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  1. Paula Matias1,
  2. Mário Costa2,
  3. Daniel Marinho3,
  4. Nuno Garrido4,
  5. António Silva4,
  6. Tiago Barbosa5
  1. 1 Research Centre in Sports, Health and Human Development
  2. 2 Research Centre in Sports, Health and Human Development, Polytechnic Institute of Setubal, Portugal
  3. 3 Research Centre in Sports, Health and Human Development, University of Beira Interior, Portugal
  4. 4 Research Centre in Sports, Health and Human Development, University of Trás-os-Montes and Alto Douro, Vila Real, Portugal
  5. 5 Nanyang Technological University, Singapore


Background Aquatic programs have gained popularity in therapy programs for a number of diseases or physical conditions. However, evidences about the effect of such programs on posture remain scarce. The aim of this study was to determine the effects of a 12-wks aquatic program on body posture and balance of sedentary women.

Methods 128 females were divided in experimental group (EG; N=85; 55.56±12.92-y; 159.21±6.11-cm of height; 65.28±8.76-kg) and control group (CG; N=43; 60.67±13.48-y; 159.19±4.87-cm of height; 63.86±8.64-kg). The program was conducted throughout 12 weeks, two sessions per week with 40 minutes each. Posture measurements were conducted before starting the program and at the end of the 12th week. The static posture, including bodýs centre of mass position (CoM), was assessed based on photogrammetry,2 unipodal support (US), functional reaching (FR) and Romberg test (RT) with parallel feet. The dynamic posture was obtained by applying the Time Up & Go test (TUG).3 The functional posture was assessed based on the Berg's balance scale (BBS).1 Data variation was analyzed with ANOVA two-ways (group vs program duration) measures (P≤0.05).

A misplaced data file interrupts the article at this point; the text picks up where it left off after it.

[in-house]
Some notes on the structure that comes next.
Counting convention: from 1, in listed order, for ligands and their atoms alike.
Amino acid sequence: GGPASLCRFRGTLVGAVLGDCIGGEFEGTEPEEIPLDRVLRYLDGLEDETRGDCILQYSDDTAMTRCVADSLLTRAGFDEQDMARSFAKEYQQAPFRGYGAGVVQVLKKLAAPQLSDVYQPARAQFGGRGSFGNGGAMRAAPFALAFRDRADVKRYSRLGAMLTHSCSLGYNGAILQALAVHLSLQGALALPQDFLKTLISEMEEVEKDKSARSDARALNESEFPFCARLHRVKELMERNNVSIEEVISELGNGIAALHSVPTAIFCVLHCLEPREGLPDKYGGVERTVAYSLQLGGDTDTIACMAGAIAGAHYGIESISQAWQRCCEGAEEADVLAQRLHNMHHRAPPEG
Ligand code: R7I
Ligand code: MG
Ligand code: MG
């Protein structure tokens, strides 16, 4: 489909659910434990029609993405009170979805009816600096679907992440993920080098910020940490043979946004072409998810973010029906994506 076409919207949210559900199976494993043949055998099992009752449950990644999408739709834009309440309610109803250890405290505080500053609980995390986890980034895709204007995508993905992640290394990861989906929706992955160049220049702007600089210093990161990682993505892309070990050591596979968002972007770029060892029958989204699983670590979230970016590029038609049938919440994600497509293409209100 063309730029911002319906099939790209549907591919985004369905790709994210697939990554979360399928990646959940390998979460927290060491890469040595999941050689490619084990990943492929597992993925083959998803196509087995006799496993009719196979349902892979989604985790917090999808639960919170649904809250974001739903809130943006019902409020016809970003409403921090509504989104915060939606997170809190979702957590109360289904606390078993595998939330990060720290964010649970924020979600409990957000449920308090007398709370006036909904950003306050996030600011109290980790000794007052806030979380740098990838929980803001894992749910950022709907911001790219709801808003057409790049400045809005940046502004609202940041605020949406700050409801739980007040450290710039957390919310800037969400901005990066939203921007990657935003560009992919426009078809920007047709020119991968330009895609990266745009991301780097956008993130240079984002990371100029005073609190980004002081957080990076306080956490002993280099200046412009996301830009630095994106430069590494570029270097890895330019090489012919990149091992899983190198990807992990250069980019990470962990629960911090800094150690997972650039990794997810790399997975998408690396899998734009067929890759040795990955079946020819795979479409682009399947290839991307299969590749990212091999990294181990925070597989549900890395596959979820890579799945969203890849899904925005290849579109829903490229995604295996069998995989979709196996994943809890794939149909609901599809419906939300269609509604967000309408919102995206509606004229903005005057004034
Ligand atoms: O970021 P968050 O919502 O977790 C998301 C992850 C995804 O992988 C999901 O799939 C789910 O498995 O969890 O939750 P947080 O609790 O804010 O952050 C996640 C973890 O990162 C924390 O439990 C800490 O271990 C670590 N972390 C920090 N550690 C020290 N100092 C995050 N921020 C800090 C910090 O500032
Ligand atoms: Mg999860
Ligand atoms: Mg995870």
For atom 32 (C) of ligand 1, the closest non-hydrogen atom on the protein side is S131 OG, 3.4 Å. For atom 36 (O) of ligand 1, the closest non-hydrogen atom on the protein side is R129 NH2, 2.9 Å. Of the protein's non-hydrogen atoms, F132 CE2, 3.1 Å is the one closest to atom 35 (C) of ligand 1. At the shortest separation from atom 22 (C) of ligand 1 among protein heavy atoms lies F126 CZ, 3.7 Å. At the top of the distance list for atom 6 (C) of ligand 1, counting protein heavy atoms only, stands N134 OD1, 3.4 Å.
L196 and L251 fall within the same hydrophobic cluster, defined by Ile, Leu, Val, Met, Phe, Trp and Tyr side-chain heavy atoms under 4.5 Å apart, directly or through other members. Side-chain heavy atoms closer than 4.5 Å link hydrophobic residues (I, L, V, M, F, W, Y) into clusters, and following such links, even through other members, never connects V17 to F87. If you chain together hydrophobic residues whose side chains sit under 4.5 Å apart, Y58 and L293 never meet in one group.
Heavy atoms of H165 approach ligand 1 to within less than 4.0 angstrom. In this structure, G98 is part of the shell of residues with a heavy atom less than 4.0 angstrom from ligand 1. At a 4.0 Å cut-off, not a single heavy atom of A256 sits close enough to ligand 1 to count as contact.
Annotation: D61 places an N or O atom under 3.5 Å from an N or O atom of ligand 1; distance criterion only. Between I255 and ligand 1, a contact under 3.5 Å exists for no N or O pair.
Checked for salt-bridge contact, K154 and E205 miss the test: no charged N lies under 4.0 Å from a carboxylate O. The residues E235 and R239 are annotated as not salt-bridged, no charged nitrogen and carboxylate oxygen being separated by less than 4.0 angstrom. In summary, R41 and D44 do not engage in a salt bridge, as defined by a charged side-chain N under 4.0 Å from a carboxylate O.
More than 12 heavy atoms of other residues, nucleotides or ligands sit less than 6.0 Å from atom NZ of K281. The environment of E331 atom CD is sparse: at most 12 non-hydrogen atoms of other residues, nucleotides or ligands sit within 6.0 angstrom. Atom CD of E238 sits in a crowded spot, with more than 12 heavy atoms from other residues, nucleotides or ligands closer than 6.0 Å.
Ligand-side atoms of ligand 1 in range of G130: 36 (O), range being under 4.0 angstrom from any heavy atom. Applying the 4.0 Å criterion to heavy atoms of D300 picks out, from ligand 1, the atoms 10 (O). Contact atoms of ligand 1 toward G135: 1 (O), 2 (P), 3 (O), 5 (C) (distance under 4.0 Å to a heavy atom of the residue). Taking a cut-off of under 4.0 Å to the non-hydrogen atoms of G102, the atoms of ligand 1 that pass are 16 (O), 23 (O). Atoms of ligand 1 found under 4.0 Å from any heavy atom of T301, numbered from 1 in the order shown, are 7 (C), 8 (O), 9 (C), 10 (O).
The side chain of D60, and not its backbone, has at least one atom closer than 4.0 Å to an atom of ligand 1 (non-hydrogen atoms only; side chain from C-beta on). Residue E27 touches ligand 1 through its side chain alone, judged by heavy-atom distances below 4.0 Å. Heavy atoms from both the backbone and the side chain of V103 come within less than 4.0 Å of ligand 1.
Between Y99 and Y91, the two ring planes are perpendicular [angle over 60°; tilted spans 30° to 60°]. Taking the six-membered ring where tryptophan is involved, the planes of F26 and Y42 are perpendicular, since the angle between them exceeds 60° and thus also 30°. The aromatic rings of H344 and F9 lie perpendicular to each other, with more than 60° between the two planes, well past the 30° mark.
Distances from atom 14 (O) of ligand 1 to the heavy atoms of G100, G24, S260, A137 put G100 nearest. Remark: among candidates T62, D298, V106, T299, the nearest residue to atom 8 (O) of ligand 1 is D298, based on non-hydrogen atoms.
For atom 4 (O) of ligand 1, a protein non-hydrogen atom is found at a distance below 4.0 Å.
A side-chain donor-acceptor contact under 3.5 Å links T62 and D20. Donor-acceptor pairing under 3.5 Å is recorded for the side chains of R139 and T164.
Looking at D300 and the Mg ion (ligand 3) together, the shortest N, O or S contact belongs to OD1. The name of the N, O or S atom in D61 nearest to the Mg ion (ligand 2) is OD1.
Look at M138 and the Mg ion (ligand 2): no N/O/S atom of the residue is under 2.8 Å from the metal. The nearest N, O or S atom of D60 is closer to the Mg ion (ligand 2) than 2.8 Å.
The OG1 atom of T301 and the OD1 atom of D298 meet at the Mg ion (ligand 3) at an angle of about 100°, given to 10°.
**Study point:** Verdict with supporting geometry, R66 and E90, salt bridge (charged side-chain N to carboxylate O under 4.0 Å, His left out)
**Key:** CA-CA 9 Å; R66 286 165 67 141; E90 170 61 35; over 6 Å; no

Results A significant effect from the program duration was observed in US (p<0.01), FR (p<0.01), RT (p=0.05), TUG (p<0.01) and BBS (p<0.01). The only exception was the CoM where a non-significant effect was determined (p=0.32). A significant effect from the group was observed for the TUG (p<0.01) and for the BBS (p=0.04) having the EG lower and higher values at the post-test than the CG, respectively. A non-significant effect was observed for the remaining assessments. The interaction between program duration vs group presented non-significant values for all the tests conducted.

Discussion/Conclusions Several selected variables presented a significant time effect (i.e., a posture and balance enhancement from the beginning to the end of the training program). So a 12-wks aquatic program is enough to provide an improvement in the body posture and balance of sedentary women.

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